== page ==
Next steps: governing well

May 23, 2022
Parliament House at dusk Canberra
Albanese may well want to have an Aboriginal Affairs Minister in cabinet with its own department, demonstrating his commitment to the Uluru Statement. Image: Wikimedia Commons

The Prime Minister elect made a couple of important comments on Saturday night that indicate the early steps he plans to take to begin governing.

Anthony Albanese will see the Governor-General today and  arrange the appointments of not only himself as Prime Minister but also Penny Wong as Minister for Foreign Affairs and Trade so the two of them can go to the Quad meeting in Tokyo. Also, Richard Marles (presumably as Defence Minister) so he can act as PM in Albanese’s absence, Jim Chalmers as Treasurer and Katy Gallagher as Finance Minister so the latter pair can begin work on the economy and the budget.

He also mentioned that he had already had discussions with the Public Service, presumably during the caretaker period. I assume this was to receive early advice on the Administrative Arrangements Order should Labor win office.

The AAO is the first step towards settling the governing arrangements. Albanese has frequently said he wishes to have a cabinet government operating along the lines of the Hawke and Keating Governments. That is radically different to the arrangements under Morrison and augurs well for a better relationship with the public service.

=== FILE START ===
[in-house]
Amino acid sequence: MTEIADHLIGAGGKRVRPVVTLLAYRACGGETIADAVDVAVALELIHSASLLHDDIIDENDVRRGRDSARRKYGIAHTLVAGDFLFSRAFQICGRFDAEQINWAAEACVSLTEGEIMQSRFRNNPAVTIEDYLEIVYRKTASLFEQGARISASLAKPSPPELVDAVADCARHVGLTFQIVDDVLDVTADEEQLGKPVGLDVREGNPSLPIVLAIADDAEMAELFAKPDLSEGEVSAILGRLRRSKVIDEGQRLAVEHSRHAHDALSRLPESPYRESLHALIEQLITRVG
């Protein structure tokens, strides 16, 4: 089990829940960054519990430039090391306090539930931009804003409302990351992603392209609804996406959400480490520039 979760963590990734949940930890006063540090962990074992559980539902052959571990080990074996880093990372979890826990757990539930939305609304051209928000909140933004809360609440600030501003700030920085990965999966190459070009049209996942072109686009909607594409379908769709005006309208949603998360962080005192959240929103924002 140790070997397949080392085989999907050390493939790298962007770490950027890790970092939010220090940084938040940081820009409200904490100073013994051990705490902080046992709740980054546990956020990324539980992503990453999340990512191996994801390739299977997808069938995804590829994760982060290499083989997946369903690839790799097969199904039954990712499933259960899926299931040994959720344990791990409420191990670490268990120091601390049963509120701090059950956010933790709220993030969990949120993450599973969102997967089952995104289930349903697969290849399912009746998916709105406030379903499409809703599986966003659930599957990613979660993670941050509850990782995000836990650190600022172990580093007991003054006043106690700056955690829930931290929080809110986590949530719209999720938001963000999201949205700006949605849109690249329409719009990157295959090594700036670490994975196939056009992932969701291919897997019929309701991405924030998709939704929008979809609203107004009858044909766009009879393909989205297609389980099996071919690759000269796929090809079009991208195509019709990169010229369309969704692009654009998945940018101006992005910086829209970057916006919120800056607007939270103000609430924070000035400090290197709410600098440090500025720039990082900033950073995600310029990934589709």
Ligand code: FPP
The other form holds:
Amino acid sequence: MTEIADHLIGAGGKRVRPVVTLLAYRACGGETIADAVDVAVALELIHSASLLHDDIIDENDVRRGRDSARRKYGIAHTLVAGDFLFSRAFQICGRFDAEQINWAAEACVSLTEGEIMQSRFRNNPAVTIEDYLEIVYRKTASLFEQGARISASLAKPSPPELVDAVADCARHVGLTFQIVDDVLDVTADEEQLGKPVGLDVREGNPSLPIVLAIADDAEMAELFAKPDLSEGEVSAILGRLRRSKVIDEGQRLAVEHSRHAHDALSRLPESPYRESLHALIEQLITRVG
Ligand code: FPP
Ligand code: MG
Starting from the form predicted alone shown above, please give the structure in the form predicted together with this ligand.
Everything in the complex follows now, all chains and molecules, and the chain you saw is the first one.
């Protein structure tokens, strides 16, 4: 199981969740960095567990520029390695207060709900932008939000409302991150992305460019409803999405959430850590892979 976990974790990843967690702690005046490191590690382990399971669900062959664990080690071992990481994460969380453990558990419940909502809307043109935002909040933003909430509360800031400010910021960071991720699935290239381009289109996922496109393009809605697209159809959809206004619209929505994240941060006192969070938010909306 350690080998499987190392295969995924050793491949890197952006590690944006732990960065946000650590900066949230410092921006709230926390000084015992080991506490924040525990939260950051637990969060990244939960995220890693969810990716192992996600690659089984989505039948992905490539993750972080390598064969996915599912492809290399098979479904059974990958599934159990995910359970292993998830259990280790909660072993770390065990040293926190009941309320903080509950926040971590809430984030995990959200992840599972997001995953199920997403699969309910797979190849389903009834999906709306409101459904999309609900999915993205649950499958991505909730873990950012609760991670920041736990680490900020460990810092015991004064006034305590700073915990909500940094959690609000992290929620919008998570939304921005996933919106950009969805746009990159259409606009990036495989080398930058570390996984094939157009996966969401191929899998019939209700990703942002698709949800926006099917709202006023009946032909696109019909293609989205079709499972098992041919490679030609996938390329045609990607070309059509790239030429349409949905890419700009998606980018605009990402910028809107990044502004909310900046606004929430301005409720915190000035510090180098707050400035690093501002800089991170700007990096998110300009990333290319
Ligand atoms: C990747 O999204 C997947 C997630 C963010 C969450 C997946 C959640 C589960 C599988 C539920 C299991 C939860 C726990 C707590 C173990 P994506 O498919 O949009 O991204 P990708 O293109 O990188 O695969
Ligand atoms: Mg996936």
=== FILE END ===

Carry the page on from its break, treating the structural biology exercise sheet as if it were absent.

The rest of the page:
Since early 2020, Morrison operated with about 24 cabinet ministers but only 13 portfolio departments. Accordingly, many departments have had multiple ministers in cabinet. Moreover, a number of these ministers had responsibilities in more than one portfolio; assistant ministers and parliamentary secretaries similarly often had responsibilities across portfolios. This arrangement not only made cabinet too big but also undermined any opportunity for alignment between cabinet and the public service which was meant to be advising on policy and implementing the Government’s programs.

In sharp contrast, the Hawke and Keating Governments (and the Howard Government) had more manageable cabinets and clear alignment between politics and administration. With few exceptions, every portfolio had one minister in cabinet and that minister had responsibility for the functions of one (portfolio) department. Most portfolio ministers had at least one assistant minister and one parliamentary secretary to focus on particular functions within the portfolio; they did not have responsibilities beyond the portfolio.

This not only allowed better alignment between ministers and the public service, but also allowed cabinet to devolve more responsibilities (eg allocation of some resources within the portfolio) to each portfolio ‘team’ of ministers, reducing the load on cabinet.

Returning to such a model would support some reduction in the size of cabinet (say to around 18) while adding to the number of departments (say to 16 or 17, not including Veterans Affairs which has traditionally been within the Defence portfolio).

The more obvious of current portfolios that might be restructured under such a scenario are: